Braxton Miller is accustomed to individual accolades.
He won the past two Big Ten Silver Footballs as the conference’s best player, has appeared on more Sports Illustrated covers than any Ohio State athlete in history (four) and is seen as a serious Heisman candidate heading into the 2014 season.
However, the only way he can take care of the team success vacancy on his resume this year is by staying healthy.
Miller had offseason surgery on his shoulder and missed spring practice. He has been limited in August training as well and is clearly easing back into things.
Co-offensive coordinator Ed Warinner didn’t seem particularly concerned, via Kyle Rowland of Eleven Warriors:
We’re kind of bringing him along slowly. I think we have a really good plan to get him where he needs to be Aug. 30. We definitely don’t need to rush it.
I love Braxton’s work ethic, his attitude, his mentality. His mindset is awesome. His understanding of the game is great, and his leadership has improved. We’re just letting him come along physically.
It’s part of the plan. There was no he got the hook in the middle of the day. It was all planned out. We’re doing that with some other guys who started a lot who are coming off injuries, just watching their volume until they build into it.
It’s certainly encouraging that things are apparently going according to plan, but any Buckeye fan who remembers Miller trying to push the ball downfield with a barely functioning shoulder in the Orange Bowl loss to Clemson knows Ohio State’s College Football Playoff hopes hinge on the signal-caller’s health.
Miller’s value to Ohio State is clear when we look at the numbers.
His completion percentage, passing yards and passing touchdowns have increased every year since he arrived on campus, and he posted 2,094 yards and 24 touchdowns through the air and 1,068 yards and 12 touchdowns on the ground in 2013.
Austin Ward of ESPN noted that Miller’s abilities have landed him on preseason Heisman watch lists already:
However, that production—particularly the running—comes with a cost. Every time Miller tucks the ball away and takes off downfield, Buckeye fans (and likely coaches) hold their breath in anticipation.
The video game moves in open space are sometimes breathtaking, but Miller is vulnerable. It would probably be in Ohio State’s best long-term interest if Miller limited his running to the situations where the team really needed it. You don’t want to handicap his game, but he probably doesn’t have to be sprinting outside the pocket against Illinois or Kent State.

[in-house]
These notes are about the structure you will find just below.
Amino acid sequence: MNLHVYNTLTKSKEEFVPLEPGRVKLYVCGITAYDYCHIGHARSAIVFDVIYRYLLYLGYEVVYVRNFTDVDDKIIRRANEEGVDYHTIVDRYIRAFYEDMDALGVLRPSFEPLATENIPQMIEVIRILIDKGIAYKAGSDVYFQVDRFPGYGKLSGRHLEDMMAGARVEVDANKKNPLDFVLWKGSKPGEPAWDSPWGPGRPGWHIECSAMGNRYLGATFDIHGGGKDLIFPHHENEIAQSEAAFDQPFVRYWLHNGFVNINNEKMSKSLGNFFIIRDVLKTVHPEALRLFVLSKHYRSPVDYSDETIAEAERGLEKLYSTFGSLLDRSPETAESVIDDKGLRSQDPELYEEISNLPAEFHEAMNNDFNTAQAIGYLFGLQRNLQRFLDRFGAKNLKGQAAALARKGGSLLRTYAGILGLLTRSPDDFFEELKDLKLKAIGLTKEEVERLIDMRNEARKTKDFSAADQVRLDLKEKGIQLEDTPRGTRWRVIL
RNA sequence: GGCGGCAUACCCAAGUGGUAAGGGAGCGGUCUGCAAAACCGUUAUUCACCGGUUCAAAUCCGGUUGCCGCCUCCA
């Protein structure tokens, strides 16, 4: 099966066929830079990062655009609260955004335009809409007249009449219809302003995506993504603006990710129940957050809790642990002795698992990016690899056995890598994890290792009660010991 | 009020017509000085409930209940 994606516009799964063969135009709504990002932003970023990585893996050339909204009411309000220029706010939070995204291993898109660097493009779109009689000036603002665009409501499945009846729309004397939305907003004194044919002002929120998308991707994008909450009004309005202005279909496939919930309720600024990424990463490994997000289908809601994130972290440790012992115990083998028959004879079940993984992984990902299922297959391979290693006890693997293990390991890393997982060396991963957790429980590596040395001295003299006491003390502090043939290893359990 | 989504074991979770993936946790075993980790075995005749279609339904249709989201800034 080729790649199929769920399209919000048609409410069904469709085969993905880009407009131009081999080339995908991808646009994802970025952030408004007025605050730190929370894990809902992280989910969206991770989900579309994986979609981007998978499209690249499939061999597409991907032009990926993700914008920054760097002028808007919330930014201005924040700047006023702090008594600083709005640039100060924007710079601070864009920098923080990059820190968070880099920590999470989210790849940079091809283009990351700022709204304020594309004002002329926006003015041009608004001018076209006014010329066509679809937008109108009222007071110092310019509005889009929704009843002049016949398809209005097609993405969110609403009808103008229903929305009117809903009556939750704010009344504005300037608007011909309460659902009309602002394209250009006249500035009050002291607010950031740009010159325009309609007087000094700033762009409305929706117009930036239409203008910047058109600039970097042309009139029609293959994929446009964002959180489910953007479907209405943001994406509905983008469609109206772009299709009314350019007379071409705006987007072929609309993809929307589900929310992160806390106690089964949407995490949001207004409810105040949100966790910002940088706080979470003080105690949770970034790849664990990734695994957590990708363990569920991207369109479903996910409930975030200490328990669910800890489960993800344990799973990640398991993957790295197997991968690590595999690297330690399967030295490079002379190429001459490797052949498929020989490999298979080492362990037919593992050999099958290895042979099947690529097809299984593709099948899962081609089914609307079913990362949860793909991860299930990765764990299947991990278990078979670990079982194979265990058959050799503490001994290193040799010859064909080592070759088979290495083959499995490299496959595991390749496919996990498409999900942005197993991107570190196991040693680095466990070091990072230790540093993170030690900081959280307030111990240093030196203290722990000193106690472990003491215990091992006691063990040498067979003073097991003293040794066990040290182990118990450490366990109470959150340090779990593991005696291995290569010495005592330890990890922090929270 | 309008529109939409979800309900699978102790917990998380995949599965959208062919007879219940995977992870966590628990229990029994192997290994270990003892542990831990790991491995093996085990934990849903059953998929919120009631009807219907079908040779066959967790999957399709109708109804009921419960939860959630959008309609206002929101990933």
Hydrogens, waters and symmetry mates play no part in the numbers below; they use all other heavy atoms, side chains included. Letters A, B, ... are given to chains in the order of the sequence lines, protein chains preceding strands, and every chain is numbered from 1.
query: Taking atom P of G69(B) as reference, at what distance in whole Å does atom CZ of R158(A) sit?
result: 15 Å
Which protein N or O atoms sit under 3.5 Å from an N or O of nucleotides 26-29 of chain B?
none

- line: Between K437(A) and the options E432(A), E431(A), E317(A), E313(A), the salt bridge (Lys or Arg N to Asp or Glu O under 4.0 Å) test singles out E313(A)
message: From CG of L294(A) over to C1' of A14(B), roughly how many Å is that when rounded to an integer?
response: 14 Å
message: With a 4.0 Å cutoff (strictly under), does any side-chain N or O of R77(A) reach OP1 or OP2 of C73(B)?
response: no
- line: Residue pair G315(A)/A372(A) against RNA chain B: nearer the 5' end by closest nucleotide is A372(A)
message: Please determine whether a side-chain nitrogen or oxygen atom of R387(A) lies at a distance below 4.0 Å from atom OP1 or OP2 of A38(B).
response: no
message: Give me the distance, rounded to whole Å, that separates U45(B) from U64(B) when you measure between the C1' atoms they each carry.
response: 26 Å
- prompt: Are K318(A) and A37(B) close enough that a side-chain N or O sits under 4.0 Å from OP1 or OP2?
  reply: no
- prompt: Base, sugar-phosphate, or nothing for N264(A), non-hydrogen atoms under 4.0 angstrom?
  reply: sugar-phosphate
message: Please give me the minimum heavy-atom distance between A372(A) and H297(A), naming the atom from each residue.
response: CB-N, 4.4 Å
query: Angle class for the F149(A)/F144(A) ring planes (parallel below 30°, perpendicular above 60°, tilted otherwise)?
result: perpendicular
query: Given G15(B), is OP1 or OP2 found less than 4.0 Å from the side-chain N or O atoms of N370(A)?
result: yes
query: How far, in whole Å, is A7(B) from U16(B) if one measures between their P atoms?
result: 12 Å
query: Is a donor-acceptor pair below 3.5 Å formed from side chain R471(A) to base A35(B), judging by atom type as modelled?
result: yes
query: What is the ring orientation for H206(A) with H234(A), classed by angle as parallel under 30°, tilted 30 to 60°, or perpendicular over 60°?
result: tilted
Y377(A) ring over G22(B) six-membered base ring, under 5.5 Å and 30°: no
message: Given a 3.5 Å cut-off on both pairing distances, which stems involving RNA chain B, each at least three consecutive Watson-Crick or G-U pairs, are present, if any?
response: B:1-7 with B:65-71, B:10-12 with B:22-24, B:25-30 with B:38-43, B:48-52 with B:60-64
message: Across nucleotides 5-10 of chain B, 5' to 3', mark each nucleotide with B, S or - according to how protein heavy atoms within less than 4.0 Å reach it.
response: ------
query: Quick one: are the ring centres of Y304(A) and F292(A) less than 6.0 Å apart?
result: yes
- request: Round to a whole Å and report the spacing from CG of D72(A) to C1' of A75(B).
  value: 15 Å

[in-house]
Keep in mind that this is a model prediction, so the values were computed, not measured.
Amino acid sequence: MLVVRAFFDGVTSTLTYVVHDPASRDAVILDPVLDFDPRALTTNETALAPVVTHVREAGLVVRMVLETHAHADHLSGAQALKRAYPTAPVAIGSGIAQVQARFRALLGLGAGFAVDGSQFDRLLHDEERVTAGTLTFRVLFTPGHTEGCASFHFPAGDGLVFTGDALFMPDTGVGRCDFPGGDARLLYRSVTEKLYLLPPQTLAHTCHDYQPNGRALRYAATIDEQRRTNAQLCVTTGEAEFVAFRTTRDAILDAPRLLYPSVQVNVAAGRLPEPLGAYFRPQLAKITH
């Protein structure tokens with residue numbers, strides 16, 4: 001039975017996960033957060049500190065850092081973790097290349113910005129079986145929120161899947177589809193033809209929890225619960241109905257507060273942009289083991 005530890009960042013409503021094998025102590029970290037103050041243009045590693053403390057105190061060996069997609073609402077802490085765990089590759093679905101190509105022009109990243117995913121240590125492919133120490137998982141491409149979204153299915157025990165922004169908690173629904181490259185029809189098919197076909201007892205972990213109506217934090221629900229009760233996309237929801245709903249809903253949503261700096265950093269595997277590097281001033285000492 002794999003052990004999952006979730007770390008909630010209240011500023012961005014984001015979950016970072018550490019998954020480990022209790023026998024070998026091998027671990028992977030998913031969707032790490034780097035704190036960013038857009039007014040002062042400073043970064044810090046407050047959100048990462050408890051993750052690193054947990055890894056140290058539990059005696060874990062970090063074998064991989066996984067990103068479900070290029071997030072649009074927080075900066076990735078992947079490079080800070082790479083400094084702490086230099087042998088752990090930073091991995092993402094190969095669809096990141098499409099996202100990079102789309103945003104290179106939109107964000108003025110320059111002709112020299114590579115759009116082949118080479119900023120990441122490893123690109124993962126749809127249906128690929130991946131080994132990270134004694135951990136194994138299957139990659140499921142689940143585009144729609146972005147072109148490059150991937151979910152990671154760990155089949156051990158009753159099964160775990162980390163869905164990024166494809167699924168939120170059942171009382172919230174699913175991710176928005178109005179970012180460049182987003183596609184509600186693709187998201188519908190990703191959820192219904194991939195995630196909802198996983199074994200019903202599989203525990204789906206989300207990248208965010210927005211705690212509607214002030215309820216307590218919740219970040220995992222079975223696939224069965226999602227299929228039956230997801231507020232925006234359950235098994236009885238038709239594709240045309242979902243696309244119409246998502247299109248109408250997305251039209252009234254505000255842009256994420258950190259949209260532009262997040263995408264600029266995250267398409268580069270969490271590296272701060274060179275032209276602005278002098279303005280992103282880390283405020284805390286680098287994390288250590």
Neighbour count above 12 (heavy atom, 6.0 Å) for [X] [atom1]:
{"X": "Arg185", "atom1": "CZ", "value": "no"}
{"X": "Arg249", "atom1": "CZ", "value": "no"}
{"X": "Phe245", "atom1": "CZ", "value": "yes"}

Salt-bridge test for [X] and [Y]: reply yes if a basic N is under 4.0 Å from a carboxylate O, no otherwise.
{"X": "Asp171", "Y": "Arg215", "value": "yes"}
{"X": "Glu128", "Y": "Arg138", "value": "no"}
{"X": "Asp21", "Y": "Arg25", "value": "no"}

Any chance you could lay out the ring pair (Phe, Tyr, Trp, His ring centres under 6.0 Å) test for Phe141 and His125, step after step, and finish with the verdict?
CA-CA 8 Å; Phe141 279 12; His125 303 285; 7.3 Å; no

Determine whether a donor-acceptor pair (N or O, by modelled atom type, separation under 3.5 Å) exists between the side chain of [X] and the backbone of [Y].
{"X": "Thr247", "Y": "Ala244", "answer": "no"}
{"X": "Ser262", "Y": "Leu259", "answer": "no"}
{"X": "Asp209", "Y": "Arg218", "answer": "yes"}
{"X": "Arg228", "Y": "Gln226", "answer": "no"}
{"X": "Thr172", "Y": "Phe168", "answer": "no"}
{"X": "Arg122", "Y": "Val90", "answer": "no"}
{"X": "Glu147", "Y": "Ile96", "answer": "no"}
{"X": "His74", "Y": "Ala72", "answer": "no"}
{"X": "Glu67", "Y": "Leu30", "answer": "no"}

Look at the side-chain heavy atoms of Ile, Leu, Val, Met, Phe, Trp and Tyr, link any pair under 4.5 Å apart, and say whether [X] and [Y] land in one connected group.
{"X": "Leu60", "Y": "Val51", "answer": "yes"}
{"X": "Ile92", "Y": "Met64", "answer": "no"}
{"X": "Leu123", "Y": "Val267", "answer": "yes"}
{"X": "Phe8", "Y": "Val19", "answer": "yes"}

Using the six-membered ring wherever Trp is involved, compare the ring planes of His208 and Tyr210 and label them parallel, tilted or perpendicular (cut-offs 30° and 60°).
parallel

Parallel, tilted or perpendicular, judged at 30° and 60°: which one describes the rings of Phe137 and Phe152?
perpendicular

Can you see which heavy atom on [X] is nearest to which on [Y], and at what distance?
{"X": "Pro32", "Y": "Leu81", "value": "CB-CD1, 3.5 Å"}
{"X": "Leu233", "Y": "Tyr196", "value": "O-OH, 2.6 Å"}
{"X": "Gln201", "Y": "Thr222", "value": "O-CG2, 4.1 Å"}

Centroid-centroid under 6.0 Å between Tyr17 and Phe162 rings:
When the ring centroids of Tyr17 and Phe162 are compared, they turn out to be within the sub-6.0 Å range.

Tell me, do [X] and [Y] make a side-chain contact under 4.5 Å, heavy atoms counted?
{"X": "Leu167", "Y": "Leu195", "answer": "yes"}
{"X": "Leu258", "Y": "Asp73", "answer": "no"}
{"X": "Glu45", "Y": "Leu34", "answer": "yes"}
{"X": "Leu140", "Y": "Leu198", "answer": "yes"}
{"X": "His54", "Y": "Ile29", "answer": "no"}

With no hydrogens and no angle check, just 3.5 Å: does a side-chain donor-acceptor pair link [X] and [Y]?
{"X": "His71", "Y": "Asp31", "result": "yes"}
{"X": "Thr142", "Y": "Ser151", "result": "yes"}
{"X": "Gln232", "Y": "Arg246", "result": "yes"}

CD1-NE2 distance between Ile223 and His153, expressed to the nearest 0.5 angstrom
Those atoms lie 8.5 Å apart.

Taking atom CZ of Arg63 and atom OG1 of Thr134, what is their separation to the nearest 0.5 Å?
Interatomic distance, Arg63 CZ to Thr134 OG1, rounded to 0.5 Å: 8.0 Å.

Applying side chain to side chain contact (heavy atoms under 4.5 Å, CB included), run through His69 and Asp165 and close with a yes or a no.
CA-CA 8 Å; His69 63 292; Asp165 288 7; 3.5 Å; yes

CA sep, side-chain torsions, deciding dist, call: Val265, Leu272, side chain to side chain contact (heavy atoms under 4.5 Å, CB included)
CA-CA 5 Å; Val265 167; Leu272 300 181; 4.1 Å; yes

So we know Miller is capable of putting up incredible numbers and leading the Buckeyes, but his health is even more important this year because the luxury that was Kenny Guiton is no longer around.
Guiton tallied 749 yards and 14 touchdowns through the air and 330 yards and five touchdowns on the ground in 2013. He carried the Buckeyes to a blowout victory at California, rescued them against Purdue in 2012 and played valuable snaps when Miller was briefly injured in a victory in East Lansing against Michigan State in 2012.
It was easy to mistake Guiton for a starting quarterback because of his poise and passing abilities. In fact, he may have been the best signal-caller in the Big Ten outside of his own teammate a year ago had he been given a chance to start all season. There was a point when Guiton actually led the nation in touchdown passes.
Without Guiton, Cardale Jones and J.T. Barrett assume the responsibilities that come with being Miller’s backup.
Sure, the potential is there, but the lack of experience doesn’t exactly inspire a ton of confidence. National title expectations will be bearing down on the Buckeyes from the opening game, and Barrett and Jones have combined for zero meaningful snaps in their Ohio State careers.
Miller’s health is also incredibly important to Ohio State’s playoff chances because running back Carlos Hyde is no longer around.
Hyde barreled his way to 1,521 rushing yards and 18 total touchdowns in 2013 even though he missed three games. He was an absolute workhorse who took the pressure off Miller and the rest of the offense throughout the season.
Between Hyde’s absence and the fact that Ohio State is replacing four starters on the offensive line, Miller’s role is clear—playmaker and leader of the offense. He is the proven commodity in Urban Meyer's system and needs to stay on the field to prove it.
Despite the common narrative that the Buckeyes play a weak schedule, there will be plenty of tests in 2014. The Scarlet and Gray face off with dangerous Navy, Virginia Tech and Cincinnati teams in the nonconference portion of the slate and have to travel to Penn State for a game that will be the Nittany Lions’ Super Bowl under the lights.
The annual clash with Michigan is always a cliche throw-out-the-records showdown (just look at last year’s 42-41 thriller), but the one contest that every member of Buckeye Nation has circled is the rematch of the Big Ten championship game. Ohio State gets another crack at Michigan State, this time in East Lansing, after the Spartans ended its 2013 national title dreams in Indianapolis.
Considering the fact that the Buckeyes and Spartans are in the same division, the winner will have the inside lane to the Big Ten title game. Logic would dictate that in a four-team playoff with the SEC, Pac-12, Big 12, Big Ten and ACC vying for spots, any Big Ten representative will likely need to win the conference.
The only way Ohio State can beat the stout Michigan State defense and reach Indianapolis is if its playmaker shines under center.
That will only happen if Mr. Miller is healthy.
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